I suggest that girls prepare an emergency kit when they are concerned that they may not have the period supplies they may need when they need them. I would plan on having more than one kit so you can keep one in your locker or backpack, one in your purse, and perhaps one  in the glove box of the car you ride in the most.  Here is what you will need:


  • A cute cosmetic bag to put in your locker, backpack, purse, or glove box.
  • A few pads/tampons. You should only need a couple of the product you prefer.


  • Panti-liners come in handy if you start out with light flow or need one as a “just in case” plan.
  • An extra pair of undies in case you have a leak or start unexpectedly.
  • A baggie you can seal in case you need the panties mentioned above! This way you will have a place for your soiled panties.
  • A few feminine wipes. These come individually wrapped for on-the-go convenience, and will make you feel more clean and confident.

 Make Sure You……

1. Celebrate your daughter. Even small gestures of the type suggested here will help her toward the health and self-esteem that have been a challenge for many women.

2. Assure your daughter that change, even good change, is disruptive and can be uncomfortable. All of her conflicting feelings are natural and will sort themselves out over time.


3. Help her bring meaning and respect to the changes by comparing her cycles to the cycles of the moon and the seasons – a continual process of creativity, growth and new beginnings. Without these cycles, new life would not be possible.

4. Emphasize this concept of creativity. She is experiencing the awakening of a vital force that she can express in many ways. It is this knowledge that has inspired the song, dance and celebration of many cultures in honor of “menarche,” or first menstruation.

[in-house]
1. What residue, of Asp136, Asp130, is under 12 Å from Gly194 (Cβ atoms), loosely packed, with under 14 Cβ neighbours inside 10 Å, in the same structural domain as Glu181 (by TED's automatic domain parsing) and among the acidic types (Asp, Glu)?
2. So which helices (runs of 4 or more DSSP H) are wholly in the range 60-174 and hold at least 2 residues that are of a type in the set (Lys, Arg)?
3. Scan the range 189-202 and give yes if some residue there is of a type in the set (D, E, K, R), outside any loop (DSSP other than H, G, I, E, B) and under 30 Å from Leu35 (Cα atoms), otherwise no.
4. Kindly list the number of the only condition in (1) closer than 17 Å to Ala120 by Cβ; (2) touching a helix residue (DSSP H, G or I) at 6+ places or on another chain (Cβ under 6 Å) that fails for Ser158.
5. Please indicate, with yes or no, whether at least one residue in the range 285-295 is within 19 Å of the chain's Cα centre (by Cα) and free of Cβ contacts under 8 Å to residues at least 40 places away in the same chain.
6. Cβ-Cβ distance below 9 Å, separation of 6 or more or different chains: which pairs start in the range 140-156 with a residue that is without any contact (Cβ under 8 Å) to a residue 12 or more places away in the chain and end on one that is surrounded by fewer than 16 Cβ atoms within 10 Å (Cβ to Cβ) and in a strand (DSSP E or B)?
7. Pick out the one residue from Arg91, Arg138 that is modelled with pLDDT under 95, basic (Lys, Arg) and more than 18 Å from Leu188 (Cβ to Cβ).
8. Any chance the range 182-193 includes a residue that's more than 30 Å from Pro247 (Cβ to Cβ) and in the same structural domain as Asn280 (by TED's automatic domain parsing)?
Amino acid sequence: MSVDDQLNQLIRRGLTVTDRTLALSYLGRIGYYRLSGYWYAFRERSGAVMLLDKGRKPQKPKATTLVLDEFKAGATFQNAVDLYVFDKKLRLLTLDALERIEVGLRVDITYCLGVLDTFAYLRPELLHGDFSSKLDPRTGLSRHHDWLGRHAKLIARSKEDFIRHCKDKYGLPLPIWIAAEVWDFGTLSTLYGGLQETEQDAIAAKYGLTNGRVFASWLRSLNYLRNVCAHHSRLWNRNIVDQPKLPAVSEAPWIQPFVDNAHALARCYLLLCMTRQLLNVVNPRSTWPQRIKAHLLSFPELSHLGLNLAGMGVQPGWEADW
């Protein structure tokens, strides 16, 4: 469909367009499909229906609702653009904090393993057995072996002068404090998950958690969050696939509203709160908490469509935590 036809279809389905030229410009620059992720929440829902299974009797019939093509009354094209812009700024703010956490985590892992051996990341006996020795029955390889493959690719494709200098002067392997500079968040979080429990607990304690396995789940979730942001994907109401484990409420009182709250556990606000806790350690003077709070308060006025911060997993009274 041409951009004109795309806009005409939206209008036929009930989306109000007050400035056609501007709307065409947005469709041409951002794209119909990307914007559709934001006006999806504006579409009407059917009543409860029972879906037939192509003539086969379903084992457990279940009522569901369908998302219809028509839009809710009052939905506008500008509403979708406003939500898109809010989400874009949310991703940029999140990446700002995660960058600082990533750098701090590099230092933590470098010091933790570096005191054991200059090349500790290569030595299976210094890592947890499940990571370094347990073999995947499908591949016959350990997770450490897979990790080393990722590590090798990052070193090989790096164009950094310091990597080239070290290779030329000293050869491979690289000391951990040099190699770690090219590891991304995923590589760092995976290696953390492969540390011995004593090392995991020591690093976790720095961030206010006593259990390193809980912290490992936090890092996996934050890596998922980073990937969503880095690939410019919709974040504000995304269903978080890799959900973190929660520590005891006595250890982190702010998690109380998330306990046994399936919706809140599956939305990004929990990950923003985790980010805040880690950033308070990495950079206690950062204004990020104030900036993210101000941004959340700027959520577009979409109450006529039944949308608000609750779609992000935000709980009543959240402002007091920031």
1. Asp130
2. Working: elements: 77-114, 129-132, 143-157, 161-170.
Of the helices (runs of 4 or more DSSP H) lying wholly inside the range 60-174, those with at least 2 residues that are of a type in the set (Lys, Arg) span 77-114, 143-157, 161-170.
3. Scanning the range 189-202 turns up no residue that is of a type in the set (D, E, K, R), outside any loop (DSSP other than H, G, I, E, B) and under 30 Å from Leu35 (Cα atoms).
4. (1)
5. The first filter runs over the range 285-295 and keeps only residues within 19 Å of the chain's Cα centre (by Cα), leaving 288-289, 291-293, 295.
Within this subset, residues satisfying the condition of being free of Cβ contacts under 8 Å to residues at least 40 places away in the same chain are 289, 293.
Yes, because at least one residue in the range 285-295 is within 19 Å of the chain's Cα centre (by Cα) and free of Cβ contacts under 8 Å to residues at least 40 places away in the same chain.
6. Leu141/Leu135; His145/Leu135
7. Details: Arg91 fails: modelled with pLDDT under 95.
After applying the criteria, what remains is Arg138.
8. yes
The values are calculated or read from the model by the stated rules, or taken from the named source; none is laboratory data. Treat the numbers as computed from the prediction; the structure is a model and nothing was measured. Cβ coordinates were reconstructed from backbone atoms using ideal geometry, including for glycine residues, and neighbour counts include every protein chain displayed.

5. Consider her perspective. Even with preparation, this first experience of bleeding can be startling or upsetting. Her body is changing and she knows that her life is too. Be sure to offer care and attention.

6-Talk openly about menstruation, and stress its positive aspects. This healthy attitude is necessary in order for your daughter to have the same pride in her body that she had as a pre-adolescent.

7- Celebrate your own passage into new territory, as well as your daughter’s. By forming these new traditions, you are helping to shape the culture, one family at a time.

8.  Honor yourself, as you celebrate the cycles of life!

(Excerpted from How to Celebrate Your Daughter’s Coming of Age in 90 Creative & Practical Ways.)

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How One Dad Dealt With His Daughter Getting Her First Period!!!!  He is Absolutely Fantastic!!!!!



Growing Up

by Vanessa Karl

When you were born
You were tiny and bare
You were very cute
No teeth and no hair

Some years have passed
You’ve grown and matured
Been cared for and nurtured
So now you’re prepared
As your body is changing
You feel quite confused
But it will be ok


You may laugh, shout and scream
And shed a tear
But growing up is nothing to fear
It is new and exciting
A new phase in your life
So love it and live it
Without any strife.

 really suggest you buy this you have a daughter between the ages of 9-12. You can buy the DVD by visiting My First Period Kit and DVD You can also visit Dr. de Freitas’ blog by clicking here. She asks some pretty good questions on there that makes you think!
I really suggest you buy this you have a daughter between the ages of 9-12. You can buy the DVD by visiting My First Period Kit and DVD You can also visit Dr. de Freitas’ blog by clicking here. She asks some pretty good questions on there that makes you think!

This video Hello Flo it is also fantastic, watch it with your daughters!

We are very fortunate as parents that there are so many fabulous resources available for young teenagers now and I have included some of the links here:

Good luck and congratulations to you both!

Talk Soon,